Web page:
October 23, 2006
Voting Godâs Way
by Pastor George Van Alstine
âGive to the emperor the things that are the emperorâs, and unto God the things that are Godâs.â? (Mark 12:17)
This was Jesusâ answer to a trap question he was asked by a group of Pharisees and Herodians.
Pharisees and Herodiansâthatâs kind of like Republicans and Democrats. They represented two extremes in Jerusalem politics of Jesusâ day. The question they asked was, âShould we Jews pay taxes to the Roman Emperor?â?
If he said Yes, the Pharisees, who were committed to Jewish nationalism, would start voice-mailing their friends that Jesus was a collaborator with Rome. If he said No, the Herodians, who believed the Jewsâ best hope was in 100% support of the Roman agenda, would call a press conference to announce that Jesus was a dangerous insurrectionist.
We live in a political climate somewhat like that as we approach our November 7 National election. There is a lot of polarization and name-calling, and itâs quite common for people to identify their position as Godâs position.
Jesusâ answer to their question is fascinating. He used a gold coin as a prop, asking, âWhose image is on this?â? After their halting response, Jesus made the great statement with which we started. Iâve heard it said by preachers that Jesus side-stepped the political issue and avoided taking sides. But he didnât; he clearly came down on the side of the Herodians, that Jews should pay taxes to Rome: âGive to the emperor the things that are the emperorâs.â?
But he trumped this issue with a greater concern. Your relationship with Rome is important, but your relationship with God is more important: âGive to God the things that are Godâs.â?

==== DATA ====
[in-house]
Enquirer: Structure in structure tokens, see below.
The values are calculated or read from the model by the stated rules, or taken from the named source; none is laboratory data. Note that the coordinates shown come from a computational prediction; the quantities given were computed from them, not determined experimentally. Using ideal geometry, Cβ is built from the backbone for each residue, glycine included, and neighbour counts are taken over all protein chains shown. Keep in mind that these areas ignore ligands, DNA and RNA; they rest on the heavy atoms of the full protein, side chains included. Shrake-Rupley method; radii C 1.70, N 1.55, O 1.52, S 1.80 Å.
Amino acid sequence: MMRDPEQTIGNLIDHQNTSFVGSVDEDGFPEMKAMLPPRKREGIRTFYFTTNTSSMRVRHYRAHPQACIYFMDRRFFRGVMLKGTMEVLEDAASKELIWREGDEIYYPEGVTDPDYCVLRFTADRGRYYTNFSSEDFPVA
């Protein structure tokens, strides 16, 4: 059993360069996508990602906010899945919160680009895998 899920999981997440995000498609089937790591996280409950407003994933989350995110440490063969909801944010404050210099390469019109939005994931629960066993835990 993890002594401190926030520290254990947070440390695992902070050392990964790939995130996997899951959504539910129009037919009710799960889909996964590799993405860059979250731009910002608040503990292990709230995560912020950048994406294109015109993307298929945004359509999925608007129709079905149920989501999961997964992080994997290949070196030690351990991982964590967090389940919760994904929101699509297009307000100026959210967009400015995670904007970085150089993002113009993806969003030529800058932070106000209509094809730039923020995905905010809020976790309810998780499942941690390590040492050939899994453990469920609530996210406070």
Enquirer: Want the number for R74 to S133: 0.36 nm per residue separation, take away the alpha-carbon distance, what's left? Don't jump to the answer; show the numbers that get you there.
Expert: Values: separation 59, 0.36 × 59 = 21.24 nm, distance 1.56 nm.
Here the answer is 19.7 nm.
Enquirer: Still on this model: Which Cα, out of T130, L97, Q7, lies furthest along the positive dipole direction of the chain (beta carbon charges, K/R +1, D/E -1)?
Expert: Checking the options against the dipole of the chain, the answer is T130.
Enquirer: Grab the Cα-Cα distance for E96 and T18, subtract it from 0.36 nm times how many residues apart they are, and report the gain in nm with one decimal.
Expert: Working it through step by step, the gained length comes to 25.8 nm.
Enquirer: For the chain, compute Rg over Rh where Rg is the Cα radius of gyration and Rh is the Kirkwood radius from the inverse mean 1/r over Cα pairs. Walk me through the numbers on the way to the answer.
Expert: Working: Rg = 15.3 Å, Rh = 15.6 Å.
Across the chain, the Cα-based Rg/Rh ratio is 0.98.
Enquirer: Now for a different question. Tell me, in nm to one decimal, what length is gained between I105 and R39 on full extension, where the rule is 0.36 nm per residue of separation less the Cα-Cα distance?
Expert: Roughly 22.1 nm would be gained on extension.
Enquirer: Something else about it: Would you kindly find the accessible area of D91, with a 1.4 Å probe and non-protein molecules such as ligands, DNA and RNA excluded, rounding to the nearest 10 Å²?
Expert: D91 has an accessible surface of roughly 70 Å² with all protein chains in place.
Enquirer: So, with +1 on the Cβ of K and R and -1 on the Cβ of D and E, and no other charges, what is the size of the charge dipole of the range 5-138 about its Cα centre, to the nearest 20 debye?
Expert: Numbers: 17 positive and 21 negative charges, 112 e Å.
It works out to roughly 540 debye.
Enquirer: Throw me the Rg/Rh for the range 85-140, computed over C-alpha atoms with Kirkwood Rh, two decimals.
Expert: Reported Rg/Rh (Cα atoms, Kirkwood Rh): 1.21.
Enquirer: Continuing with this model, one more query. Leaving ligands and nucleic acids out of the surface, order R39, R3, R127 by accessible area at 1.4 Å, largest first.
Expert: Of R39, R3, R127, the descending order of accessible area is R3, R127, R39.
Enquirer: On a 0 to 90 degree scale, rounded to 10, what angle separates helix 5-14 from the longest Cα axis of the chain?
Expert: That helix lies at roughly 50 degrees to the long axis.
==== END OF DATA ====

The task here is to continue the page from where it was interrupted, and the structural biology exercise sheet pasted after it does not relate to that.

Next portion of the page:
Since both Pharisees and Herodians thought their views were rooted in their faith in God, Jesus was showing them that their passion about Roman taxation should be at least matched by their passion to please God in committed lives of faith. He cut through to their deeper heart need, and thatâs why they were âutterly amazed at him.â?
As we approach our November 7 voting day, some of us feel strongly on one side or the other about political parties, candidates and propositions on the ballot. We may feel so strongly that we canât see how another person can believe the opposite and still be a Christian. When we are that far from a fellow-believer on an issue regarding this earthly life, we need to turn our attention from the image on the coin to the image of God in our friend. Christians ought to lead the way in mutual respect in the political arena.
But there are other Christians who say, âBah, theyâre all crooks; Iâm not voting.â? If you have that impulse, remember that Jesus did not say: âDonât give the emperor anything; your only allegiance is to God.â? He told his questioners that all of them, Herodians and Pharisees, Democrats and Republicans, had a civic responsibility to participate in the government under which they live their lives. Rather than withdrawing in judgment because of how corrupt it is, they ought to bring their moral discernment into the political arena and make a difference for the good.
So, vote on November 7! Thatâs your responsibility as part of this community and Nation.
And, more important, be in church November 5! Thatâs your greater responsibility as a citizen in the eternal Kingdom of God.